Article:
Psoriatic Arthritis Flare Management
We know the main symptoms of PsA include joint pain, stiffness, and swelling, and skin rash.
PsA is a chronic condition with no known cure, but symptoms can improve for a time, or worsen. This worsening of PsA symptoms is known as a flare.
Recognizing a PsA flare
There is no specific definition for a PsA flare, as symptoms can vary from patient to patient. Still, it is normal for PsA symptoms to improve, and even at times go into remission—which means that symptoms are nearly nonexistent.
It is also normal, and common, for symptoms to worsen, or “flare-up”, suddenly. Even though symptoms of a flare can vary between patients, the most common signs include:
- Recurrence or increase in joint pain, swelling, or redness
- Worsening or reappearance of thick, red plaques on the skin
- Fatigue, difficulty concentrating, or depression
- Symptoms last for several days
What causes a flare?
For patients with PsA, immune system cells attack the healthy cells and tissue, and though it is not known exactly why this happens, there are things that can contribute to a flare of symptoms.
- Stress: stress or anxiety is one of the most common triggers for a PsA flare
- Sickness or injury: infection or injury can increase the possibilities of symptoms in the affected area, but an overall weakened immune system, such as during a cold, can also contribute
- Missing medication: if a patient is prescribed medication to treat PsA, it should continue to be taken, even if symptoms have subsided, otherwise, this can lead to a flare
- Lifestyle choices: smoking, obesity, or an unhealthy diet can all contribute to the worsening of PsA symptoms
Treating PsA flares
Sometimes treating a PsA flare is as simple as resuming missed medication or adjusting a prescribed treatment regimen. This may mean adding additional medication during a flare, or switching medications if flares are becoming more common.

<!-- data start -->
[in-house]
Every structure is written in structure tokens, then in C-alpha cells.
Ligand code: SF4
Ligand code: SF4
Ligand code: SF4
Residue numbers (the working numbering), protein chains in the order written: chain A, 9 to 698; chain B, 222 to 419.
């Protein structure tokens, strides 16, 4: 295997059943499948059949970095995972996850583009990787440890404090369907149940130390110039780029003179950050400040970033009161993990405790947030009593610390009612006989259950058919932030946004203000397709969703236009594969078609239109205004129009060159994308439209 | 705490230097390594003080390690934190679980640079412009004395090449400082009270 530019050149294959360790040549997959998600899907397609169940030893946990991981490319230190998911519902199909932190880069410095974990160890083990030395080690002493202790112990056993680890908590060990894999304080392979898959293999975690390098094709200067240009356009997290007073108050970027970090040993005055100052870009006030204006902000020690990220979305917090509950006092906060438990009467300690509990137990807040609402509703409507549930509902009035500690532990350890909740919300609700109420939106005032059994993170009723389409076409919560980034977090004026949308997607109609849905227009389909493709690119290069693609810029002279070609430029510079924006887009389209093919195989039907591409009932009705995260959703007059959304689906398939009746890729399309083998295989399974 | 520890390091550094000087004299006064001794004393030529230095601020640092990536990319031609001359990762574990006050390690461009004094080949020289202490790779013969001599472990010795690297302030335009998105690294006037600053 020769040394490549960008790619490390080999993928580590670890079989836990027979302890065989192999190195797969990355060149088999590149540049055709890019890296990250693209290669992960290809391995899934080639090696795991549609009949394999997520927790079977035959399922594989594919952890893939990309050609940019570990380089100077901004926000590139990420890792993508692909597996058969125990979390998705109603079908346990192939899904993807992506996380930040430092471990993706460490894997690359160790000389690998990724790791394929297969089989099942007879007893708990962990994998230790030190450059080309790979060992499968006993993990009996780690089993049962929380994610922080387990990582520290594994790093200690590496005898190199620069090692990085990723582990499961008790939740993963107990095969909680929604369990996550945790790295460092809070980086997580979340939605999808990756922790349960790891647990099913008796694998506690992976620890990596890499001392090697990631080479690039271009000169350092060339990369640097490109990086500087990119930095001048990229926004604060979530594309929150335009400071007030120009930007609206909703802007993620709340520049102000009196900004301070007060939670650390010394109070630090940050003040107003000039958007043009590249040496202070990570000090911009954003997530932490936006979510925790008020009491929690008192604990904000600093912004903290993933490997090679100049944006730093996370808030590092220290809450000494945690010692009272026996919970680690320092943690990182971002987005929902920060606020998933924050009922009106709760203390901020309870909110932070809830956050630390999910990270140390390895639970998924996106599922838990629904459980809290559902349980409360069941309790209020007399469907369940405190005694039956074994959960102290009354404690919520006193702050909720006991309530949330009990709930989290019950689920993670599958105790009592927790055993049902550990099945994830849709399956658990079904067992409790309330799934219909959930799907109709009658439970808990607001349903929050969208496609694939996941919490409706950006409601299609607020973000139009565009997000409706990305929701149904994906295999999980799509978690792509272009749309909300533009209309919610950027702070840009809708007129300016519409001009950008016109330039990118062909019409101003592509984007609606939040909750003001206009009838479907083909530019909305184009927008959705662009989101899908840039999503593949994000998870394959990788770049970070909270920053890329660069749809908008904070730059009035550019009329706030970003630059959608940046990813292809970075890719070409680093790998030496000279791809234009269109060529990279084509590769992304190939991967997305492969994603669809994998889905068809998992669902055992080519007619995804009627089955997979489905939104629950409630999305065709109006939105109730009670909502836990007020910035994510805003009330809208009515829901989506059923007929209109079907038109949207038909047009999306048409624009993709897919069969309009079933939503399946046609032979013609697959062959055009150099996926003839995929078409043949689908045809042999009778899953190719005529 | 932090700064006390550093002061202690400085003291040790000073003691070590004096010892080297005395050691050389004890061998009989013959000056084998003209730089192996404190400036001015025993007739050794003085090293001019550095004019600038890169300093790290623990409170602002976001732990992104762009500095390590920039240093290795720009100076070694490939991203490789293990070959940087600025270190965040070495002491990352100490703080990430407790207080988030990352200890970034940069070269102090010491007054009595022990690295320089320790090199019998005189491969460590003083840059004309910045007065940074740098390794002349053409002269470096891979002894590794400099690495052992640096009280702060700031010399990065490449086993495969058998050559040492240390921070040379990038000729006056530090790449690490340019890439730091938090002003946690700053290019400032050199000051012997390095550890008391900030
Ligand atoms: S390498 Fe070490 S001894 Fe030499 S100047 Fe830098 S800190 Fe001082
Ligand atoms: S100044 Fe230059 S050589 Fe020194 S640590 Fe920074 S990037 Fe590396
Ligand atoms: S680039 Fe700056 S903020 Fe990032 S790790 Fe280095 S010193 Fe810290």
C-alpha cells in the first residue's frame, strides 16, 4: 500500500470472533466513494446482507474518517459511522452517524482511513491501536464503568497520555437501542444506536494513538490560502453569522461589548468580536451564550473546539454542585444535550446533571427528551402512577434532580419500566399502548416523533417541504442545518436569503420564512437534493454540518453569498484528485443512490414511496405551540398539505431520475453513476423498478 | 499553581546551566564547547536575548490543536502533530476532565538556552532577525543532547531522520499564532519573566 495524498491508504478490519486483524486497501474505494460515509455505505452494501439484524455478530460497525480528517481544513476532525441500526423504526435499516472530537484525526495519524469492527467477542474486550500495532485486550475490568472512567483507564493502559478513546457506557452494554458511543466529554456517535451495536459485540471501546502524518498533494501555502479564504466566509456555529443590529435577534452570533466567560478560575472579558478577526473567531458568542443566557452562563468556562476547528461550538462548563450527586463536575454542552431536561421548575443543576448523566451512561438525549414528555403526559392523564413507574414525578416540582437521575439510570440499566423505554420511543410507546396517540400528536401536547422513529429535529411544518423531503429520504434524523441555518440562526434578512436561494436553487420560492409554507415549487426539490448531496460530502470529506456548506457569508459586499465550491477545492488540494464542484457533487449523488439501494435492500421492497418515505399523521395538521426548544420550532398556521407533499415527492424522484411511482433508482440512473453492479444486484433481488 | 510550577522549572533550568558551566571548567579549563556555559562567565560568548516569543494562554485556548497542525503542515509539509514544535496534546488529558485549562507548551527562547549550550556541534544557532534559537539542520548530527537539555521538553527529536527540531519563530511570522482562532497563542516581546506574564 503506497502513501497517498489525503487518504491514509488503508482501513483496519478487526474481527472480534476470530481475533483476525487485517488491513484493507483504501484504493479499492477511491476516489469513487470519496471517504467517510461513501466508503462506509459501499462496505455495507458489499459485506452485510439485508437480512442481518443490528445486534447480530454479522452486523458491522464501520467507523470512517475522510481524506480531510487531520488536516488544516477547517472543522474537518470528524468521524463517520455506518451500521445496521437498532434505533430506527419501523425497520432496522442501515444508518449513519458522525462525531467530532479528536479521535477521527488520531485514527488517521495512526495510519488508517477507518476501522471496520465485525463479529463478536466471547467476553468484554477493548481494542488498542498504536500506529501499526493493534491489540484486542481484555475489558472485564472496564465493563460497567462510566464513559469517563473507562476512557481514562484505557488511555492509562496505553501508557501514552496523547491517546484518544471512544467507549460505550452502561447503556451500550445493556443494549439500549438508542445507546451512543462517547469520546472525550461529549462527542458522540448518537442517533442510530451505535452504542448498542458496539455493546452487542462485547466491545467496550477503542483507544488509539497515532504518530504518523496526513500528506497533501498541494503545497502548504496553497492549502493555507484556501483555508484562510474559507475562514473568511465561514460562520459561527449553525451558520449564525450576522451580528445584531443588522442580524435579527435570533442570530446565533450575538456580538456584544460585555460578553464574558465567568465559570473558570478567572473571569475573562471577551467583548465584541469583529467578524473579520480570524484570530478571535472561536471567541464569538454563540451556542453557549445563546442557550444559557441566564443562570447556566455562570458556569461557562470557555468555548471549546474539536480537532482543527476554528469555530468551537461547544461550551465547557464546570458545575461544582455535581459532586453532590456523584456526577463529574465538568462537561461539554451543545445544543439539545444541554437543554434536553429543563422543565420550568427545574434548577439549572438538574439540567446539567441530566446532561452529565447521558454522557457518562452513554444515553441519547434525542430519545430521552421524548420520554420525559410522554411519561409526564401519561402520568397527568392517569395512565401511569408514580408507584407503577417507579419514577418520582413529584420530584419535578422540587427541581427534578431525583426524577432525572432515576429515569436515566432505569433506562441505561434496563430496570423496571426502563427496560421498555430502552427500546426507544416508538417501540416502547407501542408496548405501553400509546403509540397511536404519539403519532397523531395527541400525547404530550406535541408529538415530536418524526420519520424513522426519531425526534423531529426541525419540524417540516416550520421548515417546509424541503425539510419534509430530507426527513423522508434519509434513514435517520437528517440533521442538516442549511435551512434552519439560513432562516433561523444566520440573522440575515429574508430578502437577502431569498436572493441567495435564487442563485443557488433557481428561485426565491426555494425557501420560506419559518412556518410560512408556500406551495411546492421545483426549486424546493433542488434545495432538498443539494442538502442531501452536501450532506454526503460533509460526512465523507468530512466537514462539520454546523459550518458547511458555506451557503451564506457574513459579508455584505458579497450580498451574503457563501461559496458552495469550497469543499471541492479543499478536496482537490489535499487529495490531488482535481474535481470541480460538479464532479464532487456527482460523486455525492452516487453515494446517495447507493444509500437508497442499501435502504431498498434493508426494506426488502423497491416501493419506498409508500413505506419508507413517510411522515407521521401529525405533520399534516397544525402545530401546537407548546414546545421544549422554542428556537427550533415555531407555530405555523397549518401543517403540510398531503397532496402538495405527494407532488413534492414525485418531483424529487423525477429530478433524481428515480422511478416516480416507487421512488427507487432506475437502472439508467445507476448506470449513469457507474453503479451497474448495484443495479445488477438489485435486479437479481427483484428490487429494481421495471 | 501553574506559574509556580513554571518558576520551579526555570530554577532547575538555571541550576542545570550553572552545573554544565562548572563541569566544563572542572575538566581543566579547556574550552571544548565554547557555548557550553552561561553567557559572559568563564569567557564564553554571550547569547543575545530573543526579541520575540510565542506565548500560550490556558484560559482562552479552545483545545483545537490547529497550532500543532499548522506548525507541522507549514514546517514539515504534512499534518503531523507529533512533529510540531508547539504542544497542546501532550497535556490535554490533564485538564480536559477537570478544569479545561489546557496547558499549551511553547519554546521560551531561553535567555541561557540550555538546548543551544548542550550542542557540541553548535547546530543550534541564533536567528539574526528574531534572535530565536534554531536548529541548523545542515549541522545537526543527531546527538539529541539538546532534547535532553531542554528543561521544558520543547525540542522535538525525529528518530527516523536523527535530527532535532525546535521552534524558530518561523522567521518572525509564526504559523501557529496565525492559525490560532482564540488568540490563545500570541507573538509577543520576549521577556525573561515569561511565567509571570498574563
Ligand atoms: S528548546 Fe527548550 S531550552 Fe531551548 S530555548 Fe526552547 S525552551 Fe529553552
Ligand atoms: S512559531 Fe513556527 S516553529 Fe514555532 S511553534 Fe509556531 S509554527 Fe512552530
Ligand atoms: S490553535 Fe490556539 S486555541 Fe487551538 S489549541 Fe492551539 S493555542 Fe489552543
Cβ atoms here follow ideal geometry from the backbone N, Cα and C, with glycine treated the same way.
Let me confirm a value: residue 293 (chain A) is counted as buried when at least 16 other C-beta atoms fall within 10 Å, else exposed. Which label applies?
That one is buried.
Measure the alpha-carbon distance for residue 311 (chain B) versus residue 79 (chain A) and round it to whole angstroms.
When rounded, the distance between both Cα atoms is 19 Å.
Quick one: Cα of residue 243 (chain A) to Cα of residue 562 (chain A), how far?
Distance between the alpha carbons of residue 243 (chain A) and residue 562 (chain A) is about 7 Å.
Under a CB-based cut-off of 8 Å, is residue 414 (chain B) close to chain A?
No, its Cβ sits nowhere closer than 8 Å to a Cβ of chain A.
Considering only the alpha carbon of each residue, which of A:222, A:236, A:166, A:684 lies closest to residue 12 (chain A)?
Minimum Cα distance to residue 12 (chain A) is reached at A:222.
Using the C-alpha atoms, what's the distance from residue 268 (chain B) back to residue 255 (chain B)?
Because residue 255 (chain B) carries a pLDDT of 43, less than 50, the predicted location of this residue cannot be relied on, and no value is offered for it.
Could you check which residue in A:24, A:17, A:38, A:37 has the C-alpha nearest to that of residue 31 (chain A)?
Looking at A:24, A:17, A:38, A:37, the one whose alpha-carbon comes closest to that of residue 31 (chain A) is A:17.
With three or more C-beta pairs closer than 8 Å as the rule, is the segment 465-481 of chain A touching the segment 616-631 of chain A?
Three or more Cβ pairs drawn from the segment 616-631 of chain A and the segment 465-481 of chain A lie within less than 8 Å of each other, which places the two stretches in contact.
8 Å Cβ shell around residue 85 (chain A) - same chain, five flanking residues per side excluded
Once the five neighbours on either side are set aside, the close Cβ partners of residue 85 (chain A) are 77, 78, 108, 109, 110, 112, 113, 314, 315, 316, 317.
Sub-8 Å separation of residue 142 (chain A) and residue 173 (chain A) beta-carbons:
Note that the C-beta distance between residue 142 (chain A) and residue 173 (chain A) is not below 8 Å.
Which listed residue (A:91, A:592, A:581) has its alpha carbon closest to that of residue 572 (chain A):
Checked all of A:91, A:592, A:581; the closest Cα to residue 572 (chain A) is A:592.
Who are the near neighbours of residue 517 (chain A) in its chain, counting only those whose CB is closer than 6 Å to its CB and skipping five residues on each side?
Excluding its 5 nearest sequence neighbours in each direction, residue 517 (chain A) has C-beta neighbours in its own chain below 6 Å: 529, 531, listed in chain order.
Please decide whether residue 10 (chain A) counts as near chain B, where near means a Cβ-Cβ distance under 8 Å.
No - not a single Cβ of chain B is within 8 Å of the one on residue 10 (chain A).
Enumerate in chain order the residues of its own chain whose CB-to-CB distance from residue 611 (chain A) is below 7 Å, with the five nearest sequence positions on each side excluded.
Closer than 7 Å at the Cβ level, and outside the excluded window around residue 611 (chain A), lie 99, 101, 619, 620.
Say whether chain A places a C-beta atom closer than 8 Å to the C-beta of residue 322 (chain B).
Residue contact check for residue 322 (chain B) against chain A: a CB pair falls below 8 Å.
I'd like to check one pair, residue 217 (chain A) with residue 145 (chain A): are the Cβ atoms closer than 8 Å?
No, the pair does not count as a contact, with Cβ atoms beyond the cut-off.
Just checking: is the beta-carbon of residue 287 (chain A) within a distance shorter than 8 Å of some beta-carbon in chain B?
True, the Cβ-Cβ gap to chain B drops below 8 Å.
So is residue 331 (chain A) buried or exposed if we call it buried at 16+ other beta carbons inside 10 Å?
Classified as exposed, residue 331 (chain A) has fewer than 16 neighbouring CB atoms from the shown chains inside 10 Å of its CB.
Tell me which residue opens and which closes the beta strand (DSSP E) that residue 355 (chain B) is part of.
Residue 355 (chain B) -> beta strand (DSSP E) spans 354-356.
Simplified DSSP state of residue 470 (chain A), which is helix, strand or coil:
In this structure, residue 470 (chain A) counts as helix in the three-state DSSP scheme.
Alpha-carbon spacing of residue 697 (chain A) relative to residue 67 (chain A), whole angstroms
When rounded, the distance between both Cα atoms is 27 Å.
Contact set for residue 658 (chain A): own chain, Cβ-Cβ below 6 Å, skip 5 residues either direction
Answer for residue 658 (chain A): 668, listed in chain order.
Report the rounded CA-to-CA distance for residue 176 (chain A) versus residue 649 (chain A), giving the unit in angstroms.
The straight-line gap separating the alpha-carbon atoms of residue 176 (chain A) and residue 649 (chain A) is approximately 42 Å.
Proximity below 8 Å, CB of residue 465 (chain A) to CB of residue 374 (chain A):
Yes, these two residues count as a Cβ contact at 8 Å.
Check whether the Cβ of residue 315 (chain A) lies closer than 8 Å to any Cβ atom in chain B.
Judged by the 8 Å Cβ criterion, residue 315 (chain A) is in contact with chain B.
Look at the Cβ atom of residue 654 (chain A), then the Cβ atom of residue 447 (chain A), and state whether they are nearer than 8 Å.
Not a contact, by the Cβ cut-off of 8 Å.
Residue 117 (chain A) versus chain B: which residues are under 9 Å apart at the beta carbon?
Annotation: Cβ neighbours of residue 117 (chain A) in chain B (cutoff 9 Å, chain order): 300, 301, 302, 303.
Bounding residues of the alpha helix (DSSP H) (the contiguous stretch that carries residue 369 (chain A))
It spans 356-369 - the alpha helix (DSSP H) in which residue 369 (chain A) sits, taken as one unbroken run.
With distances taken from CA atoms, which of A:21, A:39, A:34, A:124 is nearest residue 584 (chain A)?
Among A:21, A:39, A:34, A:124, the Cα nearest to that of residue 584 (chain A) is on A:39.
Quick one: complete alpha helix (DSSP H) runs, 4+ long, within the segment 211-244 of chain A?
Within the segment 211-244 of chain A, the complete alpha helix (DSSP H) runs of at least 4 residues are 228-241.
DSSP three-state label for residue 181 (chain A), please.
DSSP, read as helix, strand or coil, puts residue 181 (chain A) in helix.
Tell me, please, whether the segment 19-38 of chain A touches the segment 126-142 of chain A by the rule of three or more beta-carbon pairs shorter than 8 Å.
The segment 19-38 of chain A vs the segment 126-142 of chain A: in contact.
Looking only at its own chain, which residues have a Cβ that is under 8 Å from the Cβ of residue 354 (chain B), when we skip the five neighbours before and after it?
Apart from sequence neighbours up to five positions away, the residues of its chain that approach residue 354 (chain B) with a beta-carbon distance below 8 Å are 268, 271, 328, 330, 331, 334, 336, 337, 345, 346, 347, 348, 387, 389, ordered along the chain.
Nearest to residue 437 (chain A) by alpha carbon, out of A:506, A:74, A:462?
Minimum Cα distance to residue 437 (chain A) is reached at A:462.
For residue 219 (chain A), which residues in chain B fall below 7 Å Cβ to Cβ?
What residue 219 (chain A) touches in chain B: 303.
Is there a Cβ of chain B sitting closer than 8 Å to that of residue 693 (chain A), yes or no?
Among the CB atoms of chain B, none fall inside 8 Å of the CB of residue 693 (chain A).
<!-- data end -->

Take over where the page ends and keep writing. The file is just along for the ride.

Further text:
Doctors may also advise limiting activity for a time period. While light exercise may still be fine, trying to manage too much as once can increase stress levels, which can contribute to a flare. Home pain relief remedies may also be recommended for painful joint symptoms, such as hot or cold compresses.
Heat therapy may help joint pain by relaxing and opening up blood vessels, which allows oxygen to move more freely, therefore reducing pain. Cold therapy, on the other hand, can relieve pain by reducing swelling and inflammation. So be sure to check with a doctor to see if and which such treatments are advised.
Prevention is key
Though flares are common in PsA, there are some things you can do to try and minimize or prevent symptoms from reappearing or worsening. It is helpful to be aware of your specific triggers and try and avoid them, if possible. Maintaining a healthy lifestyle through regular exercise and healthy eating also contributes to fewer flares.
If you are a patient with PsA, take care of yourself, and always reach out to your doctor if you have any problems or questions about your condition.
Do you regularly track your psoriatic arthritis symptoms?